We've given you an avenue, a regular avenue - the general government committee - where you can examine this; you can assume your responsibility as government; you can assure the people of Ontario that this is all right and proper; you can assure the people of Ontario that this should be done. We've given you an opportunity to clear the air, to show accountability, to show responsibility to the taxpayers and the citizens of the province. What do you have to hide, Minister? Why won't you commit, here and now, to put this number one on the agenda of the general government committee so the people of Ontario can understand what it is you're asking them to pay on behalf of Al McLean and his scandal?
Hon Mr Johnson: As the leader of the third party has indicated, this matter has been directed to the general government committee; the House leader has directed the matter there. I understand that this particular committee has at least one other matter, maybe other matters beyond that before it. I think there is the franchise legislation, which has been sought for many, many years, if not decades, by all the franchisees in the province of Ontario. Perhaps you don't consider the franchisees in Ontario to be important or significant; I don't know.
The Speaker: Answer.
Hon David Johnson: At least, this is a matter that the House leaders need to consider in a calm fashion, as they normally do, as they did when you in were government, as they did when the Liberals were in government, and resolve which matters take priority, which matters should be heard, when they should be heard etc. That's the way these matters have always been considered and I suggest it's appropriate in this particular case as well.
The Speaker: Supplementary.
Mr Hampton: Well, Minister, you could clear this up today.
I believe this is a new question, Speaker, just to be sure.
The Speaker: Yes, you're right. I apologize.
Mr Hampton: To the Acting Premier: We could do this right now. I asked for unanimous consent a few minutes ago. I heard virtually everywhere in the House unanimous consent to send it to committee, except I believe I heard your House leader say no. So I come back to you. Here is a perfect opportunity to schedule this before a regular committee of this Legislature to get all of the facts out in the open, to assure the public of Ontario exactly what is happening, to inquire about whether this has been handled or not handled appropriately. Here is your perfect opportunity.
The Premier says he isn't happy with how this has been handled. The Deputy Premier said he wasn't comfortable with this. Here is your opportunity, Minister. We could settle it right here, right now. You can schedule it for hearings. We can begin the work of calling witnesses, calling the lawyers. You could go to the people of Ontario in the middle of January and say: "Here's the full information." Why wouldn't you want to do that.
Hon David Johnson: The leader of the third party has indicated that the Premier has expressed that he's not happy. Yes, the Premier has expressed an exasperation, a frustration with the whole process, with the fact that apparently the policies of the Legislative Assembly, through the Board of Internal Economy, were not sufficient to deal with this matter in the first place.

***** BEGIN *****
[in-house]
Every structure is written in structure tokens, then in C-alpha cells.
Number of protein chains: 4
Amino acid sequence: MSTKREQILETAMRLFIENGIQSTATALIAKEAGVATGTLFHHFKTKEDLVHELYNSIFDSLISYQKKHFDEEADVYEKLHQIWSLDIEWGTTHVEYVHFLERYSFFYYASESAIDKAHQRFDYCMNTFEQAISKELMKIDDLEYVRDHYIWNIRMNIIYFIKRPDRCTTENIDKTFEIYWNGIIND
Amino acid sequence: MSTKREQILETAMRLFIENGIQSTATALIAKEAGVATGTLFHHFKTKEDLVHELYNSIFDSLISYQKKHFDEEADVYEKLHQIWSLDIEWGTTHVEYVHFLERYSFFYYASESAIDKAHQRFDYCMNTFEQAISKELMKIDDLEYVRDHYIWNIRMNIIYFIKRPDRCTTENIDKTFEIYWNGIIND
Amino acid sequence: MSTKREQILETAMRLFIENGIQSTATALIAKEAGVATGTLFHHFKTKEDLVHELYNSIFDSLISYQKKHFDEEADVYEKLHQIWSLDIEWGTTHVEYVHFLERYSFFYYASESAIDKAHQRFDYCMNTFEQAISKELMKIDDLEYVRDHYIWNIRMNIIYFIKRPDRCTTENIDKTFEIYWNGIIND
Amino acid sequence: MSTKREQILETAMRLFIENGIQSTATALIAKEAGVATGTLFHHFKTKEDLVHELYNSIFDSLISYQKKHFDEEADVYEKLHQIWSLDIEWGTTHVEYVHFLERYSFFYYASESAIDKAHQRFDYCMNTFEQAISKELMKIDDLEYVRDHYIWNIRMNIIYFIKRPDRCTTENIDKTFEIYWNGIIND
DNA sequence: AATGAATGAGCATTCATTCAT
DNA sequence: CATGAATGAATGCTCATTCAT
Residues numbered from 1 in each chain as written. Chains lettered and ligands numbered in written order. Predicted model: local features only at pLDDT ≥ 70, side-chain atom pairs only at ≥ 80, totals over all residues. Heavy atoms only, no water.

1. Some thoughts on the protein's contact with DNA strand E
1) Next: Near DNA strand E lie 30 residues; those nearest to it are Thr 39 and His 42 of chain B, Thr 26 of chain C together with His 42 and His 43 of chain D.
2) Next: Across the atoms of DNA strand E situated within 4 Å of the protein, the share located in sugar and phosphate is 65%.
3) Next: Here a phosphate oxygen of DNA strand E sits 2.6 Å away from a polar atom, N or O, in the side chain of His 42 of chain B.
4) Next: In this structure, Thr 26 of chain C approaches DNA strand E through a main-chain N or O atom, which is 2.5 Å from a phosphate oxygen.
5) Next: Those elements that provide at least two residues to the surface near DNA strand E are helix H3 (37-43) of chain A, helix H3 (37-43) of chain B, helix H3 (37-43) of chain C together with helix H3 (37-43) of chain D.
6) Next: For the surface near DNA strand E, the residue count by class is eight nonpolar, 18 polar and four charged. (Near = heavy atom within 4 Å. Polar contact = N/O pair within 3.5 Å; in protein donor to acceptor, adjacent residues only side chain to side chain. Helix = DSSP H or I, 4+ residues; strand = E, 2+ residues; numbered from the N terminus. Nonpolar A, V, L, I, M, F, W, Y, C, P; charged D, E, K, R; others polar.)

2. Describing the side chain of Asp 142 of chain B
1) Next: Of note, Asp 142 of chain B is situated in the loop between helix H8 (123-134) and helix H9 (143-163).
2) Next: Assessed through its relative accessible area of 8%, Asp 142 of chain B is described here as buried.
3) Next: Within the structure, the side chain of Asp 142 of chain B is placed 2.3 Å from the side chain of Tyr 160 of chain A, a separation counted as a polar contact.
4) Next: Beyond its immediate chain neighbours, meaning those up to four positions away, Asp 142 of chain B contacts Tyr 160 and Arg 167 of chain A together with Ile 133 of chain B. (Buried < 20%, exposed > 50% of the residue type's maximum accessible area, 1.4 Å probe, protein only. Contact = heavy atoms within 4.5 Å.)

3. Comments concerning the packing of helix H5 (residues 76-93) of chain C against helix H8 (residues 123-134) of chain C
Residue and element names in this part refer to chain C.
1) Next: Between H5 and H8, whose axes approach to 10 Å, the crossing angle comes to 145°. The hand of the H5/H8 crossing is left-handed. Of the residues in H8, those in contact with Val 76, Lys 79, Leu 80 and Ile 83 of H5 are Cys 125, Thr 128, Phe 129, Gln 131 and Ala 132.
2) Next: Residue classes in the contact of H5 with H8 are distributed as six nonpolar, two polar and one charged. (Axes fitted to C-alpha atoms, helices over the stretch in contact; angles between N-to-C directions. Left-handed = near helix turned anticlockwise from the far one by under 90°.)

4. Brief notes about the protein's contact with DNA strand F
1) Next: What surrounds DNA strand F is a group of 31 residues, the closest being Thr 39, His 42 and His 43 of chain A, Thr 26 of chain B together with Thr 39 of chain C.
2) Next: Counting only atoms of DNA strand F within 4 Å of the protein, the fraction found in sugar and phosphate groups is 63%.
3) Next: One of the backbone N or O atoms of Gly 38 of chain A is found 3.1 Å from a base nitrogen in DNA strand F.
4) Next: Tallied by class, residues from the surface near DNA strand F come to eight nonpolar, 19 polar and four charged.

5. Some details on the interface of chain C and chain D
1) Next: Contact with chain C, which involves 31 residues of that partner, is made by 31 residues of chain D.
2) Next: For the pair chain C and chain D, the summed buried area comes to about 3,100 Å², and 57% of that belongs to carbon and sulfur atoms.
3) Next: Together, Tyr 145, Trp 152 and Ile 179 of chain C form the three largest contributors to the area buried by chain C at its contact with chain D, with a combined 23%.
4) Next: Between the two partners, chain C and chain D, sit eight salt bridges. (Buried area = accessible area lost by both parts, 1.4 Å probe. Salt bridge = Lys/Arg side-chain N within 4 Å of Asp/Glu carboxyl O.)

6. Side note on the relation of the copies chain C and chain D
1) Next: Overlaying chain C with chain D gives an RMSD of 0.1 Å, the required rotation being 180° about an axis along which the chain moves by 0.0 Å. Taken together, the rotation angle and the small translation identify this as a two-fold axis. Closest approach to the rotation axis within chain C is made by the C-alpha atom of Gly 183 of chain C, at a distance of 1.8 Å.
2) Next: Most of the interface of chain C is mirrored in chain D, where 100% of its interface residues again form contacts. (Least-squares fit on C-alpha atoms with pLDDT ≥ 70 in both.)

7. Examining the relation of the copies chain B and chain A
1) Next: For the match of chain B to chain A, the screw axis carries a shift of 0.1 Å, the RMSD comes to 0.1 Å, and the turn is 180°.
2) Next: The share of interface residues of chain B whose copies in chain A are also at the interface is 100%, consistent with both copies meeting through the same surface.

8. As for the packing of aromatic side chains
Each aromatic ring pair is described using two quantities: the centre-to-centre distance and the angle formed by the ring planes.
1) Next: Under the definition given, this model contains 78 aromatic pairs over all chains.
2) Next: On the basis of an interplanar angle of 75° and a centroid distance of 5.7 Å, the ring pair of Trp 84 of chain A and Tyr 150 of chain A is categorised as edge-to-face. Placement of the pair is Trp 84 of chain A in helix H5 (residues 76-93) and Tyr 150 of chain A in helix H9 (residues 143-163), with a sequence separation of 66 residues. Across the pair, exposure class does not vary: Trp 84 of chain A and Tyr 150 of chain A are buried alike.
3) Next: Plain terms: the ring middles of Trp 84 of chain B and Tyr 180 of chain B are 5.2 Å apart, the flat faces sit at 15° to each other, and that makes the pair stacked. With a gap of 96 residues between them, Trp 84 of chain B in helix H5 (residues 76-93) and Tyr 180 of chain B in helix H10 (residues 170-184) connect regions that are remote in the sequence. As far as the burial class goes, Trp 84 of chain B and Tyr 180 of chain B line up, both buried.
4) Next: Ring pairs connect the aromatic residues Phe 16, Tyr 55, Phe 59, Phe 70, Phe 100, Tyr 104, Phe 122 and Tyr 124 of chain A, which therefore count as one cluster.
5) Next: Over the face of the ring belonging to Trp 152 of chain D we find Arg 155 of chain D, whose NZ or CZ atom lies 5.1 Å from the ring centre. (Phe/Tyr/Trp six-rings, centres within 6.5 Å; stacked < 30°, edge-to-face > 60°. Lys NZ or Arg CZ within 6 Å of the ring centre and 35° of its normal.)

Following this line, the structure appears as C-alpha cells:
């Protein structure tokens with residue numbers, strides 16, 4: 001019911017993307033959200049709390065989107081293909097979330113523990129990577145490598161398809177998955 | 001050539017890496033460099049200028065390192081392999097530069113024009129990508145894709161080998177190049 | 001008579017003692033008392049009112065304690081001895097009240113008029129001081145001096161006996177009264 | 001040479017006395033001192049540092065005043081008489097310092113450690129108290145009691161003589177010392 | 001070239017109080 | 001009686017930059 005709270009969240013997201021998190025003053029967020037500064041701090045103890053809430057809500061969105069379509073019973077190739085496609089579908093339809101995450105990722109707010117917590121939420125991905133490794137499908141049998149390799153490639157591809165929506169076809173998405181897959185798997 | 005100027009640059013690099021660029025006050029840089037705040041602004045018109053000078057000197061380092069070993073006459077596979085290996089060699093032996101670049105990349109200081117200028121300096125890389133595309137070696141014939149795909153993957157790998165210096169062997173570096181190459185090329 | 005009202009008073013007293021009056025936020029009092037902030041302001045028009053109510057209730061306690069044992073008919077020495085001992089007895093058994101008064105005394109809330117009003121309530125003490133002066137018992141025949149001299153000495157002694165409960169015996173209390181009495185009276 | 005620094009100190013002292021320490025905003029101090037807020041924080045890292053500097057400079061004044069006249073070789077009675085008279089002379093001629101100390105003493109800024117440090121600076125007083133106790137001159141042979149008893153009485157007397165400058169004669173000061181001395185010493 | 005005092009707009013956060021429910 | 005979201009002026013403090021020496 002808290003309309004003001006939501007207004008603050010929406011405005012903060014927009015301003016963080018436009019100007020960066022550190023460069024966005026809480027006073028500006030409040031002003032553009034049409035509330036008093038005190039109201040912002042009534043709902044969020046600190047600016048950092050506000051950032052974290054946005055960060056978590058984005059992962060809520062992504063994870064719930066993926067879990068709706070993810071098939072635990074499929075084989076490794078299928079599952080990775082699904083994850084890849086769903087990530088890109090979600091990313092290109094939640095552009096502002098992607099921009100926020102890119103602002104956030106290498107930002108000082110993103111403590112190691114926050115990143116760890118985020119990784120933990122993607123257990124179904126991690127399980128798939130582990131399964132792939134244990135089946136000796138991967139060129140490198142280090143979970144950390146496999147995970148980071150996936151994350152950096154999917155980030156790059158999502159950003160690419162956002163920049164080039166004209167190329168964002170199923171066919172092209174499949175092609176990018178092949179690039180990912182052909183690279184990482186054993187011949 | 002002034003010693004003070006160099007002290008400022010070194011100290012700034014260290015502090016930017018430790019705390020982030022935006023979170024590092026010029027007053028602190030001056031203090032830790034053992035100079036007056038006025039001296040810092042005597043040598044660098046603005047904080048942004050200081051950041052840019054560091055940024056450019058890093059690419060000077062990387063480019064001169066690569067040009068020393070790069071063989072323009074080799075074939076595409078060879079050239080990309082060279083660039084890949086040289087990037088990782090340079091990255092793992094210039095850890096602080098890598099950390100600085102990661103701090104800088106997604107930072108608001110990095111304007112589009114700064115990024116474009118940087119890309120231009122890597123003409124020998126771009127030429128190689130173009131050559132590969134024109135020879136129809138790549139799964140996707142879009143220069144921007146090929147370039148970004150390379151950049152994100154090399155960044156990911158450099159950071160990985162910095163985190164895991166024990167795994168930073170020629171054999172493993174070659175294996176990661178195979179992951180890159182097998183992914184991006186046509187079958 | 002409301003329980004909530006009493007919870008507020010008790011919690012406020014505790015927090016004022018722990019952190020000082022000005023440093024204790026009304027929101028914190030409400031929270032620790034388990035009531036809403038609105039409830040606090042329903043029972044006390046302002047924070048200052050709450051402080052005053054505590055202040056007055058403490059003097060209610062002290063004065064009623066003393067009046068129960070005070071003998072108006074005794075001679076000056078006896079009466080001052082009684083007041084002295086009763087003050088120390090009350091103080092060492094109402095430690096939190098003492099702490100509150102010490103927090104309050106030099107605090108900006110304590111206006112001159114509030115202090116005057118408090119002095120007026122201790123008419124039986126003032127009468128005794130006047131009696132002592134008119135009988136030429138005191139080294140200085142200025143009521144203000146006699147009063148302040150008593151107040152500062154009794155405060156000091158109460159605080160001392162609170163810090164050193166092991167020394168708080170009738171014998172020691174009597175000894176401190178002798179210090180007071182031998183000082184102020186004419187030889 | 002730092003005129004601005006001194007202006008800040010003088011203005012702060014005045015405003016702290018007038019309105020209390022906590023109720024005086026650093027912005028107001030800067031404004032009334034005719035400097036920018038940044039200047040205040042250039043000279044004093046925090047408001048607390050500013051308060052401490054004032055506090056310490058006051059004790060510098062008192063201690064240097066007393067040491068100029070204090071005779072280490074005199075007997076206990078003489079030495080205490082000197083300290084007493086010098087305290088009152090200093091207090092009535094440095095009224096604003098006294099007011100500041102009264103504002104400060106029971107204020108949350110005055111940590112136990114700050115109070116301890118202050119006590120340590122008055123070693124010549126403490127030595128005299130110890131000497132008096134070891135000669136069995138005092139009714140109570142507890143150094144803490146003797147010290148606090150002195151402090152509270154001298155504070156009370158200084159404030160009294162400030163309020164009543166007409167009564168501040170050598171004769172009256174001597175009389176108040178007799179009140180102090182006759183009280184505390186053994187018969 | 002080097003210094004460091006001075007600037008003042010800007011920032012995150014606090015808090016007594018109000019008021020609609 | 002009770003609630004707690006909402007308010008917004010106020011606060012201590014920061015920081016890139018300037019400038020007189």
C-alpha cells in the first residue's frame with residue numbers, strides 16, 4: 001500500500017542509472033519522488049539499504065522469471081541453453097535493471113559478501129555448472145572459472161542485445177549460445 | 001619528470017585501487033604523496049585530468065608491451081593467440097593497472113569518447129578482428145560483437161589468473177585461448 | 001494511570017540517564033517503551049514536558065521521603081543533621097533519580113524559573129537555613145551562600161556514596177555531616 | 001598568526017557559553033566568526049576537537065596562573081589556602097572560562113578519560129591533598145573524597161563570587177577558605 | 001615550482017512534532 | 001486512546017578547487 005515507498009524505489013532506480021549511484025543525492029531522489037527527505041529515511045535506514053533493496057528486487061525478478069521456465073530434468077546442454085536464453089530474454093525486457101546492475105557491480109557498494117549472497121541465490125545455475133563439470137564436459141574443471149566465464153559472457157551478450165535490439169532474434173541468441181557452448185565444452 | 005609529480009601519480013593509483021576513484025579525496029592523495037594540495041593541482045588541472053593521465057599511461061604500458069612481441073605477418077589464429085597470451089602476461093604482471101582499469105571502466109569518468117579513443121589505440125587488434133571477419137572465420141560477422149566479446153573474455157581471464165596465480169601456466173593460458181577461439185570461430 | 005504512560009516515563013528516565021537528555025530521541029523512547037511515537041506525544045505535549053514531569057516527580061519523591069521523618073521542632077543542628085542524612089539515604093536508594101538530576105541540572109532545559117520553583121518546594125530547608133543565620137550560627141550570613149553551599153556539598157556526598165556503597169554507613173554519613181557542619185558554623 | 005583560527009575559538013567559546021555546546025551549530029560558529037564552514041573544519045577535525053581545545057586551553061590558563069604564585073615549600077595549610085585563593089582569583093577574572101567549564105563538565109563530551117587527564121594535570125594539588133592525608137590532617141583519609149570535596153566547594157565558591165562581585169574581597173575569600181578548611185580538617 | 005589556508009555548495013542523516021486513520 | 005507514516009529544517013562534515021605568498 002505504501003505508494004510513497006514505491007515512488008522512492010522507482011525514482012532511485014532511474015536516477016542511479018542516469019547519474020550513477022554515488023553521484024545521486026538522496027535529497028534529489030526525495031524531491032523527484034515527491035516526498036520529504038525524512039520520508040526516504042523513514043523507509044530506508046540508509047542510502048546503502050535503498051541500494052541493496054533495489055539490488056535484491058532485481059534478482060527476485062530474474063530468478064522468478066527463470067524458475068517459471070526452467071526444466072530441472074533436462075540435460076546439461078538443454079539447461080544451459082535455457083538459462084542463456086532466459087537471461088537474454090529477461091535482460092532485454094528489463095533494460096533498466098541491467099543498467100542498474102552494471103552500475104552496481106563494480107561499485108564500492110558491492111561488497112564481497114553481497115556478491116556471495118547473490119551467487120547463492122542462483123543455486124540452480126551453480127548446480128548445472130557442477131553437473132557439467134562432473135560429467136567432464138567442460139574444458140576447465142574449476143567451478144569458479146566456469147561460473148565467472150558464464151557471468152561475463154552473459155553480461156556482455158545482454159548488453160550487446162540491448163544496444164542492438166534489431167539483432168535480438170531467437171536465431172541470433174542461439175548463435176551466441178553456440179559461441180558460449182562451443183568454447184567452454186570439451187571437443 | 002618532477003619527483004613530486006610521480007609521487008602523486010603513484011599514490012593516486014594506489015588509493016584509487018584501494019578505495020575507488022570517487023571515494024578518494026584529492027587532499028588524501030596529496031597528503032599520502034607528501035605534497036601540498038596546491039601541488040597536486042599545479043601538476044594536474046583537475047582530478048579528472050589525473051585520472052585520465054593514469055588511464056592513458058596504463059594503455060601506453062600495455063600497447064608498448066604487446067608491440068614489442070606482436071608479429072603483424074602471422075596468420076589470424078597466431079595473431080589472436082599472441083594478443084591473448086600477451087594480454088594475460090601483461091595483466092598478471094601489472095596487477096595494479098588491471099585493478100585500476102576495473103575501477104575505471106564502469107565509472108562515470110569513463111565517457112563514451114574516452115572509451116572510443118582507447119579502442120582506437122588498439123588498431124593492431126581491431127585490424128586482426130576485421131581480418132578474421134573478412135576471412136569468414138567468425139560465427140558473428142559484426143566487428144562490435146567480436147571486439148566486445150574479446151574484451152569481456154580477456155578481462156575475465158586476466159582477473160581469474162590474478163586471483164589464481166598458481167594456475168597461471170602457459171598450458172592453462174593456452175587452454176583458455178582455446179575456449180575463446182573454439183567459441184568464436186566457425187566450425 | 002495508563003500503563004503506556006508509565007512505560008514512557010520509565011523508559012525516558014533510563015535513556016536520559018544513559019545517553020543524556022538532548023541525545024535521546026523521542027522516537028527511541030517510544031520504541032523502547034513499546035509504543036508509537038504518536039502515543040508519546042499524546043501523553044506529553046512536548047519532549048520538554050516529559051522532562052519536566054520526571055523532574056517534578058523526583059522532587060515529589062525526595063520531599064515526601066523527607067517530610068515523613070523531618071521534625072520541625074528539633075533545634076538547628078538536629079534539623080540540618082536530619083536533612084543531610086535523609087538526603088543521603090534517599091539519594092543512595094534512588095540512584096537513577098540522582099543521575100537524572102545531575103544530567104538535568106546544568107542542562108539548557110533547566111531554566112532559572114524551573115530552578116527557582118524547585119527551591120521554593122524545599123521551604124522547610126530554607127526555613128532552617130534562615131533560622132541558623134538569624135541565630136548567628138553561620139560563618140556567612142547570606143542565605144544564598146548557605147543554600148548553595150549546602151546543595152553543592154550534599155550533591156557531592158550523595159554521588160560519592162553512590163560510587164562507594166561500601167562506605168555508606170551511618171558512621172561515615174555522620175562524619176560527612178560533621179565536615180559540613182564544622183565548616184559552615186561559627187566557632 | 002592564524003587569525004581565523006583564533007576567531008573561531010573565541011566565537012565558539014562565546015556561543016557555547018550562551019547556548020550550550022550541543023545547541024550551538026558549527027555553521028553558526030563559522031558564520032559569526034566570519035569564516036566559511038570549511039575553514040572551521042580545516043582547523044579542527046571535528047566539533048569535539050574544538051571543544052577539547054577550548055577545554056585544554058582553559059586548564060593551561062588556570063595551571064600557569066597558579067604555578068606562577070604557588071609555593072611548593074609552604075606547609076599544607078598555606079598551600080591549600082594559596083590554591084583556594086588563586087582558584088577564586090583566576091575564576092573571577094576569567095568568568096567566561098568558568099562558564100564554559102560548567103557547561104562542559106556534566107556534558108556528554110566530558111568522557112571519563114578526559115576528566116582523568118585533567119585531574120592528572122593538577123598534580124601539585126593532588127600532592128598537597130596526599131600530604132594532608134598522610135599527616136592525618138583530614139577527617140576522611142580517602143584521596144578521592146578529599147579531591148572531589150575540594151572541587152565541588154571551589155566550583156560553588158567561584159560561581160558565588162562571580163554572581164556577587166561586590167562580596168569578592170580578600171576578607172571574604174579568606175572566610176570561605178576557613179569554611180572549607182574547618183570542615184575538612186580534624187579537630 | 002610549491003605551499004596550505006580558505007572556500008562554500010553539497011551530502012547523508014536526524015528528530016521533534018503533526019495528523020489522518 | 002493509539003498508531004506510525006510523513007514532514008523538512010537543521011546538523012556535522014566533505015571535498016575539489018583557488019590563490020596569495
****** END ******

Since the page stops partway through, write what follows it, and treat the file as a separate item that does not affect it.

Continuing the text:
I think the Premier is happy to see that the board is coming to grips and introducing policies with regard to wrongful dismissal, policies that, had they been in place in the first instance, perhaps might have dealt with this particular matter. Yes, it is a frustrating and exasperating matter, there's no question about it.
Through my 20-some-odd years in politics I've had to deal - I'm sure you had to as well when you were in government - with wrongful dismissal situations, tenders, where there is legal dispute. The only thing you can rely on is that when you get two parties involved and two lawyers involved, you get two equal and opposite opinions and the bills roll on and on and the taxpayers get hurt. So sometimes they have to be resolved, to the benefit of the taxpayers.
Mr Hampton: Minister, your own Premier said he wasn't happy with how this was handled. He didn't believe it had been handled properly. I heard your Deputy Premier not a few days ago say that he was very surprised by some of the things that were included in all of this and he didn't think it was appropriate.
Here is a regular committee of the Legislature, which we know is going to sit some time early or middle of January. Here is a chance now to get a full airing, to get to the bottom of this. If people want to advocate on behalf of Mr McLean, they can step up to the microphone and make their point. If other people want to ask questions and get the facts out, they can do that. It seems to me that's the essence of democracy, allowing that public questioning, that public debate, so that the public of Ontario can decide for themselves.
What is it, Acting Premier, that you don't like about democracy? What is it that you don't like about a full and open discussion so the people of Ontario can find out what's really happening here?
Hon David Johnson: I'm a very strong supporter of democracy. I've been involved in the democratic process for many, many years, having my first election in 1972. Through that period, I've taken part in many democratic elections and processes. I'm a very staunch supporter of democracy.